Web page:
Childhood frozen treats get a groovy makeover

Two of our favourite childhood iced treats have been given a stylish makeover by these cool local brands.

1. The Sng Bao Society
1. The Sng Bao Society
08 Jun 2015

1. The Sng Bao Society

FOR ORDERS, CALL 9855-8970 OR E-MAIL THENEUESOCIETY@GMAIL.COM. WWW.FACEBOOK.COM/THESNGBAOSOCIETY

Remember the humble 10-cent plastic-covered flavoured ice stick that you break in half to share with your childhood friend after playing catching? The Sng Bao Society (sng bao means ‘ice packs’ in Hokkien) is the grown-up version, complete with a hipster name and logo.

1. The Sng Bao Society
1. The Sng Bao Society
08 Jun 2015

1. The Sng Bao Society

The brand was set up last year by a pair of friends, Pang Chew Ting (left in pic) and Kaylie See Toh, both 26. “We were from neighbourhood schools and used to buy sng baos from the market,” says Kaylie. “Now we want to [sell them to] adults by amp-ing them up with alcohol. It’s a conversation starter!”.

By day, Chew Ting is an agency development manager for an insurance company while Kaylie is a pharmaceutical sales rep. The girls make the sng baos themselves after work in various commercial kitchens. The sticks — made to order — are then frozen and stored in a specially-ordered freezer in Chew Ting’s home. They each invested “about $1,000” into buying the freezer and ingredients.

The sng baos are currently sold via their Facebook page and pop-up markets. While they have no plans for a physical store, they are currently in discussion with clubs and cafes to stock the ice sticks. There are 10 flavours in all; five alcoholic ($5 each) and five non-alcoholic ($3 each). Each stick is about 18cm-long.
 

The 'Sng Baos'
The 'Sng Baos'
08 Jun 2015

The 'Sng Baos'

1. Watermelon Soju $5
If you’re a fan of Chicken Up’s soju-filled watermelon, this should appeal to you. Each alcoholic sng bao contains a shot glass-full of booze, and this one’s loaded with blended fresh watermelon and Korean soju “from the supermarket”. Refreshing, though this recipe could benefit from more sugar… and a bit more soju. The packets are tied with black rubber hair ties (none of those cheap red wet market bands) which we struggled to open thanks to slippery condensation. Just cut it open. But the plastic used is of good quality, which makes the icy sng baos easy to chow down.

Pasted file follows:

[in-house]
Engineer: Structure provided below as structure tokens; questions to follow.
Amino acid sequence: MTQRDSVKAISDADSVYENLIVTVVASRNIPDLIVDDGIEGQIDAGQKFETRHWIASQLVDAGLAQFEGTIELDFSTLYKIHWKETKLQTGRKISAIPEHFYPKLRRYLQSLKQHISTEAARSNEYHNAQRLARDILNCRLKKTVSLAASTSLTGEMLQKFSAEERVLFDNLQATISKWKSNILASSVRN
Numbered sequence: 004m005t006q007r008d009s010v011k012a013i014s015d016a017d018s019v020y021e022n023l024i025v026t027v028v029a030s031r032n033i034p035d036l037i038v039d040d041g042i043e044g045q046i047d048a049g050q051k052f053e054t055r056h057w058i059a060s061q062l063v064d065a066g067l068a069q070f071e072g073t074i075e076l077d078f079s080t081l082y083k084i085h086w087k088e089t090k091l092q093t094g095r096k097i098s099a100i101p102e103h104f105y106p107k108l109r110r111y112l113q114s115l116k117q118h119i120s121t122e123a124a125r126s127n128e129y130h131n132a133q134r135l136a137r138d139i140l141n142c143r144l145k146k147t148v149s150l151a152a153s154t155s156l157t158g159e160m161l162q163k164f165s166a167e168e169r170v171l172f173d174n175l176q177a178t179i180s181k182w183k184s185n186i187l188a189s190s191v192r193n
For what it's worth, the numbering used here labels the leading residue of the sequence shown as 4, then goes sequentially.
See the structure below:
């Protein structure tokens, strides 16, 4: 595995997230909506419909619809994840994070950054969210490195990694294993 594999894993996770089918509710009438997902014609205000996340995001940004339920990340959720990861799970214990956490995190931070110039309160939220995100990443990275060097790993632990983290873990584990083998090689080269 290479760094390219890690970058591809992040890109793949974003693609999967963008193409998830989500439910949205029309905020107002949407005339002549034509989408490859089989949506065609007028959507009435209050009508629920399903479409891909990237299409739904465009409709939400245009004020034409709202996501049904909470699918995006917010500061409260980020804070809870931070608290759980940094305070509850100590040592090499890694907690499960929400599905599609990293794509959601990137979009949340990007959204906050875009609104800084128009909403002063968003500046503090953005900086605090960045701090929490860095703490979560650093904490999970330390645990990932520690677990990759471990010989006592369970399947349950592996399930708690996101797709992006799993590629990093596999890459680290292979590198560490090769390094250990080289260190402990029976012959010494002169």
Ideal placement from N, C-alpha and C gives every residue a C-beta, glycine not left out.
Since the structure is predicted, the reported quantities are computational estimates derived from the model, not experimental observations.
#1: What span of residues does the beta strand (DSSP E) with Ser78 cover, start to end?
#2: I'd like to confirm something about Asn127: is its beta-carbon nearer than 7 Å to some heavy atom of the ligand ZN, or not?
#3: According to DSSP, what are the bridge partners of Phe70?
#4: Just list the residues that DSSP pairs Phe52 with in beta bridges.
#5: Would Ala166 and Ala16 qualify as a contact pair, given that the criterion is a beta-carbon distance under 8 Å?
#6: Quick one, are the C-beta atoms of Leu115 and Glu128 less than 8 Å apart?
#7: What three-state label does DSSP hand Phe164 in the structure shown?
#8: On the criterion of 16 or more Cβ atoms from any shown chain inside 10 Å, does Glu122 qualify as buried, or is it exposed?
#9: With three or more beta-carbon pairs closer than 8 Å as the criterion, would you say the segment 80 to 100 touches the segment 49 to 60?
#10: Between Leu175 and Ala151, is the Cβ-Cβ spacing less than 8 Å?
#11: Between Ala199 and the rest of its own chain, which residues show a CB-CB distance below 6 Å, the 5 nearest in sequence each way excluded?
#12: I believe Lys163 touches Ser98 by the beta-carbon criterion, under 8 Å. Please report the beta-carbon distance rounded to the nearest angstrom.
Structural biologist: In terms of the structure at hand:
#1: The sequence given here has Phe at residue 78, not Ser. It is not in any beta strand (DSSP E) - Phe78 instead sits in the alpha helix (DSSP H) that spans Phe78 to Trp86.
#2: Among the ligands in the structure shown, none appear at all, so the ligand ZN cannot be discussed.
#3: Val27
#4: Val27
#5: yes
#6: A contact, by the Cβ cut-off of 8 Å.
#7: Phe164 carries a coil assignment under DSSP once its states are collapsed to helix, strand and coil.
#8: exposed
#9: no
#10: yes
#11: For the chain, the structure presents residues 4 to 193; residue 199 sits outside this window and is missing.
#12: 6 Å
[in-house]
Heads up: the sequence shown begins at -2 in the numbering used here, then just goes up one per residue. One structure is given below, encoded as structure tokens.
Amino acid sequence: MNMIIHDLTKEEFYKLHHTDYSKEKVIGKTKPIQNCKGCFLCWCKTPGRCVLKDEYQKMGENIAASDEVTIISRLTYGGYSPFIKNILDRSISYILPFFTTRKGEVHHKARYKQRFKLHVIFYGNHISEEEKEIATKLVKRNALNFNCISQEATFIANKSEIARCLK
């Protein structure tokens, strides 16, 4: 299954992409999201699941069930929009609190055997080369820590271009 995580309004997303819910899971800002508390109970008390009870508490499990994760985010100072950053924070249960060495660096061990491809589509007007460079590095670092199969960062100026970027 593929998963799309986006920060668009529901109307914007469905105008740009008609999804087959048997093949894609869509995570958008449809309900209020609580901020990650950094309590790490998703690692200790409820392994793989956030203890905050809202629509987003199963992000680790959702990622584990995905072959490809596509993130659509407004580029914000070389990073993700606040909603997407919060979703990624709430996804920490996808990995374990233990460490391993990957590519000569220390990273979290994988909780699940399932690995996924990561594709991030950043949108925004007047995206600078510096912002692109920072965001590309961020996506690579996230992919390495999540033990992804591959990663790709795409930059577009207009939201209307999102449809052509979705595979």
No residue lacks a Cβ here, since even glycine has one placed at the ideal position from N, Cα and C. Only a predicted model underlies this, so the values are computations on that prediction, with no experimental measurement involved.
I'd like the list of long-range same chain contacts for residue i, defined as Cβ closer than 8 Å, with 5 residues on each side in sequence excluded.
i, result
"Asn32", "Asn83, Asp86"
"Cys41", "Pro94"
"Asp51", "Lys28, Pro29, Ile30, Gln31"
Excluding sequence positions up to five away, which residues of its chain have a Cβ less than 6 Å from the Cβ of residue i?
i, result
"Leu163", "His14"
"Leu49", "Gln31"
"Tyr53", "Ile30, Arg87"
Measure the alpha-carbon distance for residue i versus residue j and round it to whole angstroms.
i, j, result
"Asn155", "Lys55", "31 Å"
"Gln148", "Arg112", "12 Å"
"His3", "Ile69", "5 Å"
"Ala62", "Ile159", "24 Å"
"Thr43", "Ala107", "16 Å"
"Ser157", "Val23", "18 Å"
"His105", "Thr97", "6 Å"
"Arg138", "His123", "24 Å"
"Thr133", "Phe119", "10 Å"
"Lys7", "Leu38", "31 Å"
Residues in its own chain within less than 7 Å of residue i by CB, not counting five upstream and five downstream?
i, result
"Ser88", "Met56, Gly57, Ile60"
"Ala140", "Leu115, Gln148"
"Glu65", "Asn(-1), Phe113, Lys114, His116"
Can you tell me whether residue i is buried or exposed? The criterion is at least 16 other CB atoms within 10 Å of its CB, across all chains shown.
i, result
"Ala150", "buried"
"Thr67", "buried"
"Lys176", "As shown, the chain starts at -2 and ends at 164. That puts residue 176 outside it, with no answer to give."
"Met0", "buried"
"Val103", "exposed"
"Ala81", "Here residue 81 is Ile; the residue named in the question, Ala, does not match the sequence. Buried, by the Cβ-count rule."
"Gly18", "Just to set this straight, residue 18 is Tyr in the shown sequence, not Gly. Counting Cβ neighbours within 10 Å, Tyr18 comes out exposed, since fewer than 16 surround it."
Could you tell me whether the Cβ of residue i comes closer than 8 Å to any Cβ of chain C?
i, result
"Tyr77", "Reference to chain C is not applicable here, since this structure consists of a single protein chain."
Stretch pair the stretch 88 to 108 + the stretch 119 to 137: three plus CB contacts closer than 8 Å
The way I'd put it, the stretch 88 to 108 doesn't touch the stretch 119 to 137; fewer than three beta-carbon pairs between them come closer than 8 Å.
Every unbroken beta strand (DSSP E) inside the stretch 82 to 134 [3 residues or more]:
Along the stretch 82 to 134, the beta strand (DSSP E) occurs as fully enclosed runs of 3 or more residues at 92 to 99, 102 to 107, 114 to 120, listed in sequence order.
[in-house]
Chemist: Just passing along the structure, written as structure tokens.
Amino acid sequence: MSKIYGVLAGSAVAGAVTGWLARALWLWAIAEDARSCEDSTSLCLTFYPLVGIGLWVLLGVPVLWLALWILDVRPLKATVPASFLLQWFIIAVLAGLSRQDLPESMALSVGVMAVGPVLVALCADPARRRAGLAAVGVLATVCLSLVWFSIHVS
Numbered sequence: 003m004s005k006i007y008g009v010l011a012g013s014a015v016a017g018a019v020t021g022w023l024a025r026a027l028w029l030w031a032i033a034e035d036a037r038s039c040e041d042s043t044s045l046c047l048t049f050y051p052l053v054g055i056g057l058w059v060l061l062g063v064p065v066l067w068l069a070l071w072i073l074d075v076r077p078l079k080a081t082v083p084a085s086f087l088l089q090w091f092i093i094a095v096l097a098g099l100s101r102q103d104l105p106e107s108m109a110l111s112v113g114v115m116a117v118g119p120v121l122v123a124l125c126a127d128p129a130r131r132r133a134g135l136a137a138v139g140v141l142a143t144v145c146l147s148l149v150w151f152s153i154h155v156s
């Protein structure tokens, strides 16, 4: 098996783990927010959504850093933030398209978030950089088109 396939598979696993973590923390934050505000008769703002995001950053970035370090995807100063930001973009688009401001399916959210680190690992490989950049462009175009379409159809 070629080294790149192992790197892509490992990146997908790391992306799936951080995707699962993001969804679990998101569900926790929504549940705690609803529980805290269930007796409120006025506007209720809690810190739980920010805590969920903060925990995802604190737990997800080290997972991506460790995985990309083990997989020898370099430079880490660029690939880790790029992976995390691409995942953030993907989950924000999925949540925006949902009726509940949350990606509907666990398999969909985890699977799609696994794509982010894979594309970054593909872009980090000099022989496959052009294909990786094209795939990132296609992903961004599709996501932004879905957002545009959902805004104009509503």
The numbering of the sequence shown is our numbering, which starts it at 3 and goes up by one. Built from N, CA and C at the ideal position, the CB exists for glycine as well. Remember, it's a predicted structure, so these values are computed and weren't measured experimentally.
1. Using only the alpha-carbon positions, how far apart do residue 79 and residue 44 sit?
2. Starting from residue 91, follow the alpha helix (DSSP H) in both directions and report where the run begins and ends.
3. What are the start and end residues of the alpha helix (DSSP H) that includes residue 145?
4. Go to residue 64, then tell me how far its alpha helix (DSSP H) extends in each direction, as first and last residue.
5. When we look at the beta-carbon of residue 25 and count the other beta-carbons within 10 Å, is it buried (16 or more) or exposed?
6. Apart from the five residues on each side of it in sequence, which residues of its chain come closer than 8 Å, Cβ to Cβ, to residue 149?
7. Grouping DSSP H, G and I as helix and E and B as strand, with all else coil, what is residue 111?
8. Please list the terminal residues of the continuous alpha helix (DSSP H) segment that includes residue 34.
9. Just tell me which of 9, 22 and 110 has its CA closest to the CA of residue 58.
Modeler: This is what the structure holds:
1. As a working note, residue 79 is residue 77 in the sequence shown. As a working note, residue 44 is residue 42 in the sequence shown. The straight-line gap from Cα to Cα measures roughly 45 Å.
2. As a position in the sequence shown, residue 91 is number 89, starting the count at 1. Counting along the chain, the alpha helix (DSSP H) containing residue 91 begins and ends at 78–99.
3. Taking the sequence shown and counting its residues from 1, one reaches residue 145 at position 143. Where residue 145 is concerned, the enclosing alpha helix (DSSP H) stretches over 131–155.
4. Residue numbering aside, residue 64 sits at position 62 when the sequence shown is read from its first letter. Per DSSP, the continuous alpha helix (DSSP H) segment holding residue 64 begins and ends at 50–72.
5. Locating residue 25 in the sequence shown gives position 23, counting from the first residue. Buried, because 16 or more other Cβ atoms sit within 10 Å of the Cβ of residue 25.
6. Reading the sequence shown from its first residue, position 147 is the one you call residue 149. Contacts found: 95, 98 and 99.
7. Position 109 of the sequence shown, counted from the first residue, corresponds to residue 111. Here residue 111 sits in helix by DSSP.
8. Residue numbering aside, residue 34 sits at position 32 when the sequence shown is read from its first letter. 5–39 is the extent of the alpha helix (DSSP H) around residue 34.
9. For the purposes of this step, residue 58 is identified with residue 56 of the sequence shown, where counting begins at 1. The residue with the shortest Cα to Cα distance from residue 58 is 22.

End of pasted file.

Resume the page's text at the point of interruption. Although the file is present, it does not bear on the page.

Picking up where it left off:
2. Baileys Green Tea $5
This unusual combo came about when Chew Ting “went to a club and the bartender suggested it”. Sweet Pokka green tea is mixed with Baileys Irish Cream. The milky concoction was rich and yum, but we couldn’t taste the green tea in this. Best enjoyed when it has melted off slightly — then you can pour some of the tasty liquid down your gob like a shot.

3. Lim-O-Gini $5
We sucked on this after a cycling trip on a hot day, and the zesty lime cordial lightly spiked with Bombay Sapphire gin was wonderful on our parched throats. No, we didn’t feel woozy after one.

4. Thai Milk Tea $3
The owners, who frequent Bangkok “for work and holidays”, often lug back Thai tea from the city, which they mix with condensed milk for this flavour. Pretty robust, and works well as an ice lolly. Great after a spicy meal.

BOTTOM LINE: We love the nostalgia of crunching on these tasty ice pops, especially in this hot weather, though we wish the slightly pricey alcoholic ones were more generously spiked.

2. Neh Neh Pop
2. Neh Neh Pop
08 Jun 2015

2. Neh Neh Pop

161 MIDDLE RD, S188978. TEL: 6336-6949.
OPEN DAILY EXCEPT MON. WEEKDAYS 3PM-10.30PM; SAT 11.30AM-3PM & 6.30PM-10.30PM; SUN 11.30AM-3PM. LAST ORDERS AT CLOSING. NEH NEH POP's FACEBOOK